|USS Wasp. USN photo. Public domain|
The first day of battle, June 3, proceeded with some cat-and-mouse dodging and doubling-back and searching. My goal was to pull off an opening air strike on the American carriers on the first day, but the U.S. advantage in search planes left my position exposed, while I frequently lost track of the American fleet's location. I sent the light cruiser Nagara ahead as a picket to find the U.S. fleet, but she was caught by American planes and summarily sunk. My submarine searches had mixed success; I lost two Japanese subs but managed to inflict one torpedo hit on Wasp the one time I did locate the fleet. I ended up pulling back and having the carrier strike force rendezvous with four heavy cruisers to improve their air defense posture, then headed east to begin the process of reducing the defenses on Midway Island in preparation for the invasion.
At daybreak on the second day, June 4, my main invasion force arrived from the west,
|USN photo. Public domain|
At about that time, the Alaskan Strike Force arrived with the carriers Junyo and Ryujo, the heavy cruisers Maya and Takao, two transports, and three light cruisers. They were joined by the Yamato battleship group and so were well-escorted. But they were considerably west of my position and could only provide occasional fighter cover.
Early that afternoon, Akagi and Kaga launched follow-up strikes to complete the reduction of Midway. Now the island was ready for the arrival of my transports to complete the invasion. Again, I had given away the position of my carrier fleet, and so at 1500, the American counter-attack arrived. My CAP of fighters from Kaga, Ryuho, Junyo, and Zuikaku was overwhelmed by the F-4F Wildcats, so that the full power of the American dive bombers and torpedo bombers were unleashed on my four carriers without opposition from my Zeroes. The American attack was most heavily concentrated on Hiryu, which could not be saved. I tried desperately to coordinate air defenses to save Soryu, but she went to the bottom as well. Akagi meanwhile suffered 60% damage and Kaga 40%, which meant that they would probably not survive another American attack.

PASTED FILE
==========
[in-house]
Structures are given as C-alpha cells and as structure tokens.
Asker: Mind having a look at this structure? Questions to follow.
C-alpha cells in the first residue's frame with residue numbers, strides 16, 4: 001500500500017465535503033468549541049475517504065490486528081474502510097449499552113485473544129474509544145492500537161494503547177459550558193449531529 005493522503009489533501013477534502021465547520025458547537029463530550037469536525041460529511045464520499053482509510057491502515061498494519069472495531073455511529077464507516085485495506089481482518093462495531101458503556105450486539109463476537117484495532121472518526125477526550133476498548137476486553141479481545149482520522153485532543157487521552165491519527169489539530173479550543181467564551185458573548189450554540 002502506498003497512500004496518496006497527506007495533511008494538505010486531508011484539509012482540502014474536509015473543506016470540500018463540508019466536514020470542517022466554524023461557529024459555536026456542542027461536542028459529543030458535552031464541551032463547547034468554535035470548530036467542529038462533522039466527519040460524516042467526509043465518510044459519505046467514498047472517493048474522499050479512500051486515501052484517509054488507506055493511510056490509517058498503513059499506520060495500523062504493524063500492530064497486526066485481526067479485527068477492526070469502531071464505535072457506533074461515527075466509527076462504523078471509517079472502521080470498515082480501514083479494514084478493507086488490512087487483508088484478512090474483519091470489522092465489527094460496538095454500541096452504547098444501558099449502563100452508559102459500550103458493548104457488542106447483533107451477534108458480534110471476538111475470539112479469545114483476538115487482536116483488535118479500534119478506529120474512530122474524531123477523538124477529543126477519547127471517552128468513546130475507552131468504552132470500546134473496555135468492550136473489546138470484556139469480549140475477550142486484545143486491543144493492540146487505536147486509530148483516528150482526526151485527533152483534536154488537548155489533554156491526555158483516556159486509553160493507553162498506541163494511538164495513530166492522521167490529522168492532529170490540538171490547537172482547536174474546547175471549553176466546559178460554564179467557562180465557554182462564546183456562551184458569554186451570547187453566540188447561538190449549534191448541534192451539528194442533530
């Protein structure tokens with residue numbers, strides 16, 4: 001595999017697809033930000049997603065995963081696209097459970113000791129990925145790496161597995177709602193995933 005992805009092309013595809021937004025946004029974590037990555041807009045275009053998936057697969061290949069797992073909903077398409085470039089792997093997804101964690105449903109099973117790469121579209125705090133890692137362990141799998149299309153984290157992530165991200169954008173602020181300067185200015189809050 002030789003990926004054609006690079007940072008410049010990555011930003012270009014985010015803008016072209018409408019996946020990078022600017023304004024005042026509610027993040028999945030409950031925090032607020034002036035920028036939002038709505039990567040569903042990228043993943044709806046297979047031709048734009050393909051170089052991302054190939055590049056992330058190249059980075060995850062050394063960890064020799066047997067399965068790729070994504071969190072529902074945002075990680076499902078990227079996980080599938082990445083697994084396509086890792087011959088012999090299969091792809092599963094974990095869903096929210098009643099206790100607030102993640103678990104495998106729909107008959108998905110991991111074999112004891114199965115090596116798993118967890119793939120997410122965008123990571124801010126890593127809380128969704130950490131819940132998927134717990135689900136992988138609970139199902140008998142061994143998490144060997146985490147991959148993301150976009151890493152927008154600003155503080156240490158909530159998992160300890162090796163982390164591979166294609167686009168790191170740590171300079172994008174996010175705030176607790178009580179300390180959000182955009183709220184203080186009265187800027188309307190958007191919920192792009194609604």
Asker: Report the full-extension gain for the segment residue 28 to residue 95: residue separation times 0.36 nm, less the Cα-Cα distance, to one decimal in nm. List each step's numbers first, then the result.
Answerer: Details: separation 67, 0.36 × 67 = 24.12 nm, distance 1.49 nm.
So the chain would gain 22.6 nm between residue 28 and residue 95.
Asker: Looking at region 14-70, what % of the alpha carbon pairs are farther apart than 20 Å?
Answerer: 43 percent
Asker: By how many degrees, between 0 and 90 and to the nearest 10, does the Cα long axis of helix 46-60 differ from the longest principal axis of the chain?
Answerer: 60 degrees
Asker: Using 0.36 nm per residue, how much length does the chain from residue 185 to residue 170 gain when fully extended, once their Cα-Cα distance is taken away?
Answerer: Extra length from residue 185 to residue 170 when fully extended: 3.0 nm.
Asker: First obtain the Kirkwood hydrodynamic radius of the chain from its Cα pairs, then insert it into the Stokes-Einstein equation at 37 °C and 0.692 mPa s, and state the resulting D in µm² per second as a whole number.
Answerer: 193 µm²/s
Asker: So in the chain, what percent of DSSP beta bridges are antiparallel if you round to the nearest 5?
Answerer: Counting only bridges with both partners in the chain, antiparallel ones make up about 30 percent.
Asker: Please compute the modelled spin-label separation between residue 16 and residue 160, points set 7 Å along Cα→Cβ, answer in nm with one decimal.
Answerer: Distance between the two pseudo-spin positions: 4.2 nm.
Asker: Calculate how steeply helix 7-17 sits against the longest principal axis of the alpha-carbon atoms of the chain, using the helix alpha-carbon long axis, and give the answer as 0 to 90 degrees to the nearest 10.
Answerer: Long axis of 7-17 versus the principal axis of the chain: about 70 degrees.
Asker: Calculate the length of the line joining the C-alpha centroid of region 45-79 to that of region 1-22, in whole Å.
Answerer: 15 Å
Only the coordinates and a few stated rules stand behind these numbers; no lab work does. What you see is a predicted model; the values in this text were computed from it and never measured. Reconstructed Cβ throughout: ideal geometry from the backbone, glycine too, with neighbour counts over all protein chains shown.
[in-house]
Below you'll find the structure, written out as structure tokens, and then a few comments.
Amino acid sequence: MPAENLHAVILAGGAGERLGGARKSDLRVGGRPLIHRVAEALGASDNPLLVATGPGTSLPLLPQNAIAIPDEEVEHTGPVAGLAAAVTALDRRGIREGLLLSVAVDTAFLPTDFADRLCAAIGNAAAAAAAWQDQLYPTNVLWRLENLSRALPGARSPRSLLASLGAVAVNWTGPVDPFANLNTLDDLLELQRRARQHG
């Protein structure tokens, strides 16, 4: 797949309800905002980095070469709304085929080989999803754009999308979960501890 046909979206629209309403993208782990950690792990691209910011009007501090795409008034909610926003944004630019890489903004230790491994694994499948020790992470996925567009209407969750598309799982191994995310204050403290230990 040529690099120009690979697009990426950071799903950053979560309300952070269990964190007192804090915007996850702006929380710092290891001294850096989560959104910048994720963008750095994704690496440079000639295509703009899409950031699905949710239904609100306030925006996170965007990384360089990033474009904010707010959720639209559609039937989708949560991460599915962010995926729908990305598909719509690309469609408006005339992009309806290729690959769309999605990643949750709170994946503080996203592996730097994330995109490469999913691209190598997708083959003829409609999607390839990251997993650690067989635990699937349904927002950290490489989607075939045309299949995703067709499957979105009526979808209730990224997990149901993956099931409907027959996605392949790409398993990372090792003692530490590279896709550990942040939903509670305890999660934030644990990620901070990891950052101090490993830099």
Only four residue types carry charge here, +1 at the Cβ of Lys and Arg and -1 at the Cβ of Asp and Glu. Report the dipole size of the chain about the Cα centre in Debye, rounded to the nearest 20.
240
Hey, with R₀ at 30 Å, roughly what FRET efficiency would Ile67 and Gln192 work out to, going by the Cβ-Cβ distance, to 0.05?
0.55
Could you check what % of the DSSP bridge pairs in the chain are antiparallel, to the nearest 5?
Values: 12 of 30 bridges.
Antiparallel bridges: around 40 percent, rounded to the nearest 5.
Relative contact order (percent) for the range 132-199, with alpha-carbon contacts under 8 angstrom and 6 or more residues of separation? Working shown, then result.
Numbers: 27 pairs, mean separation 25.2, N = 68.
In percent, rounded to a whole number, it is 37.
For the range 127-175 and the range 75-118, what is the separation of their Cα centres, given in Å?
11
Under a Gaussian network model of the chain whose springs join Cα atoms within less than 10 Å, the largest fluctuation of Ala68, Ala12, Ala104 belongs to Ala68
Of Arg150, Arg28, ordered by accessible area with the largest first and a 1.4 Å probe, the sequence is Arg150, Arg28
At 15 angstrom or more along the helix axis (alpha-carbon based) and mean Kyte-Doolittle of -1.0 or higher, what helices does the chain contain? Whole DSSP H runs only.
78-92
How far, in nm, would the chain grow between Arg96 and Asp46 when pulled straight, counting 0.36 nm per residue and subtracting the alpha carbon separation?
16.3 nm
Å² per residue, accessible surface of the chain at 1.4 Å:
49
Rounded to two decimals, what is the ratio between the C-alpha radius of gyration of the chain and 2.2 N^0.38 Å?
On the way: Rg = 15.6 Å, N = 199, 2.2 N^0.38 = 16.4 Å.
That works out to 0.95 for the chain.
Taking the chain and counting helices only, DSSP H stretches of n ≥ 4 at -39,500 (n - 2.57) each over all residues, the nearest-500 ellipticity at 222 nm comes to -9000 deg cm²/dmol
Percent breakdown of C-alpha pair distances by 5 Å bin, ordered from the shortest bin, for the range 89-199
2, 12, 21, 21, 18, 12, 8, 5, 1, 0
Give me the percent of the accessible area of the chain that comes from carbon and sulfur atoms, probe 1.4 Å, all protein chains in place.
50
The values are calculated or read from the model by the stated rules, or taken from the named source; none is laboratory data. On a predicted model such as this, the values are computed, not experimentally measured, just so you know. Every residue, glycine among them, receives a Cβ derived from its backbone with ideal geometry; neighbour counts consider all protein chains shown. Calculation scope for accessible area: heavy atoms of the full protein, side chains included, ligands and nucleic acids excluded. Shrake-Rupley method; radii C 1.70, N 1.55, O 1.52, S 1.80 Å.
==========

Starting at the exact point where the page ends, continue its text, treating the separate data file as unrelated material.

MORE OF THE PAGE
|Aircraft preparations aboard Shokaku. |
USN photo. Public domain
The night of June 4, the American commander considered that enough damage had been inflicted on the Japanese fleet that there was no sense in trying to make a stand and jeopardize the American carriers, so the U.S. fleet sailed away under cover of darkness. By the afternoon of June 5, the Japanese invasion was complete, but the loss of two carriers was too high a price to pay for the island.
Frank H., USN
2 submarines sunk
6 holding Midway until 1500 June 5
Paul O., IJN
1 submarine sunk
15 invasion of Midway
In retrospect, I think I made a strategic error in focusing my June 4 carrier strikes on reducing Midway island defenses rather than trying to sink American carriers. As I look at the points in the game, it is absolutely necessary for the Japanese to sink at least one and preferably two American carriers in order to secure a victory. I should have had the lead carrier strike force trade blows with the U.S. fleet and leave the Midway reduction to Zuikaku and Shokaku (a luxury not normally afforded the Japanese player in the original order of battle).
Frank and I are wondering whether there is an inherent bias in this game for an American victory. I've always felt that the U.S. had an advantage just in terms of the number of available dive bombers, which can concentrate in some alarming attacks. The weak air defense values of many of the Japanese heavy cruisers don't help, either. But the Japanese can certainly win - it just didn't happen this time.